Wednesday, May 23, 2012

Check the freezer.

I was half-drafting this post in my head for the past couple of days, wanting to frame it within a conversation about parenting.  Should I as a parent know exactly what my boys (ages 6 and almost 4) are doing every minute of the day?  Whether I should or should not, I do not.  I do not know exactly what they are doing every minute, but I know they are being kids.  Making messes.  Being curious.  Sneaking snacks.  Having fun.  Figuring things out.

How, specifically, they spent some of their time this past Saturday was not made known until Sunday morning when I was looking for Sweet P's other shoe.  I was only one shoe away from having all three kids ready for church.

I'll let Bub tell you the story.  It was his idea to write about it.

I handwrote the title as dictated by Bub.  I helped with spelling when asked.

As a personal narrative written by a kindergartener, here's a superior piece of writing.  NTB.  Readers can be pretty clear about what happened.  He wrapped his sister's shoe in a wet towel and placed that bundle in the freezer.  Were we to have a writing conference, however, I'd ask some key questions to flesh out the story ...

Why did you wrap your sister's shoe in a wet towel and freeze it?  
According to your story, your mom said "you're kidding," but how did she say it?  Was she laughing at the joke?  Frustrated?  Angry?  Completely surprised that a wet towel had been in her small, overcrowded freezer overnight without her noticing?
How funny did everything seem to you when your mom checked the freezer?
How long did it take for your sister's shoe to thaw?  Was it ruined?  Did she end up having to wear brand new shoes that did not fit her yet to church?
Were you punished or just given a talking to?
What did you learn?

We did not have a writing conference, though I repeated the why question this afternoon.  His answer on Sunday:  "I wanted to see if it would freeze."  His answer today, after finishing his story: "I wanted something to write about."  Someone's trying to play/please his English teacher mom.  Nice spin, Bub.

I was angry and frustrated, but not for long.  Bub started crying and saying, "Kids my age do crazy things, you know."  I do know.  I also know that part of my job as a mom is to give him the freedom to make some decisions and some mistakes.  His dad and I talked to him about thinking through the consequences of his actions.  What if Sweet P's shoe was ruined?  What if it had been her only pair and we did not have the funds to replace them?

What if his mom tried to pry open the folds of the frozen towel and cracked her left thumbnail into the nail bed, ripping skin, causing bleeding, requiring a bandaid, and making it painful even days later to press the home button on her phone or use the car clicker?  

For the record, the shoe was able to be released from the towel in the early afternoon.  It was still damp Monday morning.  It was not ruined.  

My left thumb still hurts a lot.  

All in all, I feel so pleased that he wanted to write the story that I'm over the whole thing.

How would you have reacted?  How much freedom do you give your kids?


Lady Jennie said...

Ouch - wish I didn't know about the cracked nail.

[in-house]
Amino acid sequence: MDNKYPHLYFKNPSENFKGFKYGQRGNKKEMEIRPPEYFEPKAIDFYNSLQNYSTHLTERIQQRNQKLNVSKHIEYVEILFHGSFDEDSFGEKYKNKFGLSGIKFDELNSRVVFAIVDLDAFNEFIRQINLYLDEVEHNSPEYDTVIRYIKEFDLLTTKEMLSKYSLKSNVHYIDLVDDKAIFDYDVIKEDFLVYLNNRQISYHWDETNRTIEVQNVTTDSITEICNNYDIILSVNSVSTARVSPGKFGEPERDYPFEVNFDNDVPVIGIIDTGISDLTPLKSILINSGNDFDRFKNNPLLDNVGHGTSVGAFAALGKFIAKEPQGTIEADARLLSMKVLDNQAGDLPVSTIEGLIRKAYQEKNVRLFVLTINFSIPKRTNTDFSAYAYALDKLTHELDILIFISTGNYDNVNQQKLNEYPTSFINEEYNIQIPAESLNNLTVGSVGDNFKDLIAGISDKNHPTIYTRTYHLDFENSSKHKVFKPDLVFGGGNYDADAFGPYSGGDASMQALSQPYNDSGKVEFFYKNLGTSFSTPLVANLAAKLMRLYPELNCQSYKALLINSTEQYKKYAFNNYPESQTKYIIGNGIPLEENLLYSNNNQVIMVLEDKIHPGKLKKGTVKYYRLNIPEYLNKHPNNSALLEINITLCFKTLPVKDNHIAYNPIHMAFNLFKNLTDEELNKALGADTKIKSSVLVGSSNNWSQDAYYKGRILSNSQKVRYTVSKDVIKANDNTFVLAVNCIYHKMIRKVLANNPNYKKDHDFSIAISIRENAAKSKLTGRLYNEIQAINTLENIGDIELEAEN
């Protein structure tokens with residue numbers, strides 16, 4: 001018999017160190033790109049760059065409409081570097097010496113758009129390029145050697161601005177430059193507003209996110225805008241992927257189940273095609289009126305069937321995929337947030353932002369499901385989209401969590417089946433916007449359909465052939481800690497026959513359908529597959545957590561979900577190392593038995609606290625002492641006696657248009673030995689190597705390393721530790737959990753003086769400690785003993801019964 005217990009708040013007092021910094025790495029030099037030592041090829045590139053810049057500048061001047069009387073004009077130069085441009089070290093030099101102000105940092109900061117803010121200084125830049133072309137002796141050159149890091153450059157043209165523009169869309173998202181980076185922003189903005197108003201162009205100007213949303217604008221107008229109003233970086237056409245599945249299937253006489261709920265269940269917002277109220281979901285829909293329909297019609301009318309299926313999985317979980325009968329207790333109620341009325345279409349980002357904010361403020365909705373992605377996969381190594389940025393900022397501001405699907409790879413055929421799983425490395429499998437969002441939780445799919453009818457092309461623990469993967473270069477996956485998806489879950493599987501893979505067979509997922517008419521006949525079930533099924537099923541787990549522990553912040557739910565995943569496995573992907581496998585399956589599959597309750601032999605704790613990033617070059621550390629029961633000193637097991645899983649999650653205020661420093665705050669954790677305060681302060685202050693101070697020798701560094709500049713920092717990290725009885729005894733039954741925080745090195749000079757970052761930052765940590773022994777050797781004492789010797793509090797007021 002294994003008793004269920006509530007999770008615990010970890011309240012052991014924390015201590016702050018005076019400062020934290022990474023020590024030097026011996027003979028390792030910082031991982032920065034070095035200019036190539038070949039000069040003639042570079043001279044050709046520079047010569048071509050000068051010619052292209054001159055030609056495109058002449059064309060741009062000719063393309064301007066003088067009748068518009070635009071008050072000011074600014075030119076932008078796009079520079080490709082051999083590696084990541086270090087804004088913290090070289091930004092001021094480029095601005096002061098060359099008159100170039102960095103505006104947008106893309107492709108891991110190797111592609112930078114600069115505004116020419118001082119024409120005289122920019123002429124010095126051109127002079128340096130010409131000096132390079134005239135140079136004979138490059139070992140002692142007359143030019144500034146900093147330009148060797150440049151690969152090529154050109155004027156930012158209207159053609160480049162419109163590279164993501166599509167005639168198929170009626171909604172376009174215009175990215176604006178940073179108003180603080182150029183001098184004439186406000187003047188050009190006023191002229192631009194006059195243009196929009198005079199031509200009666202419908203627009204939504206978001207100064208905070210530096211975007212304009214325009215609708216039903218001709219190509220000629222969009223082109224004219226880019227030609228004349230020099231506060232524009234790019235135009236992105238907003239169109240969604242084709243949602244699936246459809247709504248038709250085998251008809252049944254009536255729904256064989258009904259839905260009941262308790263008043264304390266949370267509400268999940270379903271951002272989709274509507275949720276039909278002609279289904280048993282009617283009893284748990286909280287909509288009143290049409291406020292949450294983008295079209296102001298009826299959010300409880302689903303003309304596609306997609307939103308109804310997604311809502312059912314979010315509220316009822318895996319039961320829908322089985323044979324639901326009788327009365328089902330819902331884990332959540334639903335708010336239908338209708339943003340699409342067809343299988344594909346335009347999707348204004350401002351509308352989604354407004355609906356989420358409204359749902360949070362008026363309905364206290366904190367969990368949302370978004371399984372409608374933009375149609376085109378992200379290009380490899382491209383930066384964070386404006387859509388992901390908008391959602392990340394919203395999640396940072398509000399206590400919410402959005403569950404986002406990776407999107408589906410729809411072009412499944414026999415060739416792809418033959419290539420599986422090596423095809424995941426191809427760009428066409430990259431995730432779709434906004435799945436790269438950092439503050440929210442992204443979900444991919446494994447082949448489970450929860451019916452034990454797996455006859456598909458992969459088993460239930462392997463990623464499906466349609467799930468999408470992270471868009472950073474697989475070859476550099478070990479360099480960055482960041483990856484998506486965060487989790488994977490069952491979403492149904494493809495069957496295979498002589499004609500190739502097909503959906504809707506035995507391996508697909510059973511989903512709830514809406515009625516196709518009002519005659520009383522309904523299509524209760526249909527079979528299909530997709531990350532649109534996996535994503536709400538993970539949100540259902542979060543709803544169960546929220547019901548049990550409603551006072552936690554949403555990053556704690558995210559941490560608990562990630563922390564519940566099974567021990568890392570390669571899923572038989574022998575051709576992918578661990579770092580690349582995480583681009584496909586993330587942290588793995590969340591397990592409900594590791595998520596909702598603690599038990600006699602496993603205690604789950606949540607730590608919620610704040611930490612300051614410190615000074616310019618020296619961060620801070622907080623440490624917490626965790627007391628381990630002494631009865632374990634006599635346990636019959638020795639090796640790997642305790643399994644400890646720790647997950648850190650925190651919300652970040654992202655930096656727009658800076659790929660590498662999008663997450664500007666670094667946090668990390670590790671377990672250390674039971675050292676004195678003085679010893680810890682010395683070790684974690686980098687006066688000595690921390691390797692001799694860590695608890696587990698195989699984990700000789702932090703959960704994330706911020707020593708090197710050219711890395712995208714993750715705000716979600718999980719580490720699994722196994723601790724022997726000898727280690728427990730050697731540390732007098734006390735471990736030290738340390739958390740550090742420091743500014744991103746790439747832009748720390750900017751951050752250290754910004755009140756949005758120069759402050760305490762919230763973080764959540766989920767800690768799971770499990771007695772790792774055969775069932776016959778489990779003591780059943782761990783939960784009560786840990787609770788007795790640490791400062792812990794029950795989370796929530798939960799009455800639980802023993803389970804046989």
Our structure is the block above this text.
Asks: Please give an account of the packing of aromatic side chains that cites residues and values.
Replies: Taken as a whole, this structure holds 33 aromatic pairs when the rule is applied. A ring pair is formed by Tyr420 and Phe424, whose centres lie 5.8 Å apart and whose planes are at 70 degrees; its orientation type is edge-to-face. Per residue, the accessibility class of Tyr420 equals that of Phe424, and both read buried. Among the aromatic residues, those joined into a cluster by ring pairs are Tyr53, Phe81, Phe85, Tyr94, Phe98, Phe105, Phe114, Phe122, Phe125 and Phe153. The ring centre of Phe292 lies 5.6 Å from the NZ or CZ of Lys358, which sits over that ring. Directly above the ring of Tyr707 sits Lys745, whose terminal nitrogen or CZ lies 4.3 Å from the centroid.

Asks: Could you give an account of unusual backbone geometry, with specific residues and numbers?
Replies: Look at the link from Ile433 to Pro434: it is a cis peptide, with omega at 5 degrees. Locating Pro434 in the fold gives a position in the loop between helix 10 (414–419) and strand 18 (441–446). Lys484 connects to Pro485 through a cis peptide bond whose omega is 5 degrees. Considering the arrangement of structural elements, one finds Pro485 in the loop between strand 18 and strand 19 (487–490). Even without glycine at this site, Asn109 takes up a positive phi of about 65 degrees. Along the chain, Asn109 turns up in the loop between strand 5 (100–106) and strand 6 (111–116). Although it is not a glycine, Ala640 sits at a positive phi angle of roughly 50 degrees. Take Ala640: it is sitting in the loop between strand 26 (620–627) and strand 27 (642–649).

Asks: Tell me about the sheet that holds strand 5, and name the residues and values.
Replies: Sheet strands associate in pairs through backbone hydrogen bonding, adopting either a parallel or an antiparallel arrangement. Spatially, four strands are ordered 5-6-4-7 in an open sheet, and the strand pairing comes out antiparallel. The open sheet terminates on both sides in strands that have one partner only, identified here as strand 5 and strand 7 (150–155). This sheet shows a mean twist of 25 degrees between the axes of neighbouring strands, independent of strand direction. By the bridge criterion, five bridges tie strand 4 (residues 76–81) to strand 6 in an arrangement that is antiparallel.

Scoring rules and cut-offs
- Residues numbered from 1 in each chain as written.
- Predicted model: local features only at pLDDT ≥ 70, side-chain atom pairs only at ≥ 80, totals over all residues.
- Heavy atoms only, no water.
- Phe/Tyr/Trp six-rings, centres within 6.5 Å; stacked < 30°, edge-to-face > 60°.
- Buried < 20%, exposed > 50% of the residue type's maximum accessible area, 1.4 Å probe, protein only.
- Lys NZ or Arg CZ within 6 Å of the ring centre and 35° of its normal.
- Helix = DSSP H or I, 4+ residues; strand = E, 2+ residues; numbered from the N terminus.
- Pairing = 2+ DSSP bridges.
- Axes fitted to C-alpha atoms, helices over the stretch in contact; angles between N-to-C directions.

I would have scolded my son, but told him just how very impressed I was at his writing. (I would have secretly been just as impressed that he would even have the idea).

Michelle said...

I love his creativity. Nice one Bub! This is probably the first of many stories like this...boys will be boys :-)

Stacia said...

I think you have a "science experiment" to add to all those going around Pinterest about summer fun/science experiments for kiddos. I also want you to know my thumb nail is throbbing in sympathy.

And just curious, is the shoe still the same color? Or a little gnarly, like avocado or banana when they get cold?

E... said...

I love that you have a writer on your hands. I love his story. I too, would have been tempted to hold a writing conference, even if it was only in my own head. I do not love that you were injured in the process. I am impressed that you were able to rise above the potential loss of shoe, etc. so that this little wonder of a moment could occur -- I wonder how many times my own (over)reactions squelch such things.
I give my kids more freedom than makes me comfortable sometimes, usually largely because I am too distracted, not out of some grand desire that they create their own "stuff."

Jill said...

I love this! (Minus the injured thumb). As a former kindergarten teacher I am very impressed with his piece of writing. It is science experiment meets personal narrative! And I love that he explained that kids his age do crazy things! So cute!

Steph said...

:-) Science and writing combined. Can it get any better?

Heather said...

Had this happened when I was the parent of only one child, I would have been uptight and more angry than if it happened now. Having three kids makes you prioritize a bit more: was anyone hurt (okay, other than your thumb)?; was anything ruined?; was a huge mess made?; were the intentions good (curiosity) or evil?

I love the way you handled it!

Hope the thumb is better by now, and glad the shoe was not ruined :)

Teachinfourth said...

It sounds like this story just might need a sequel.

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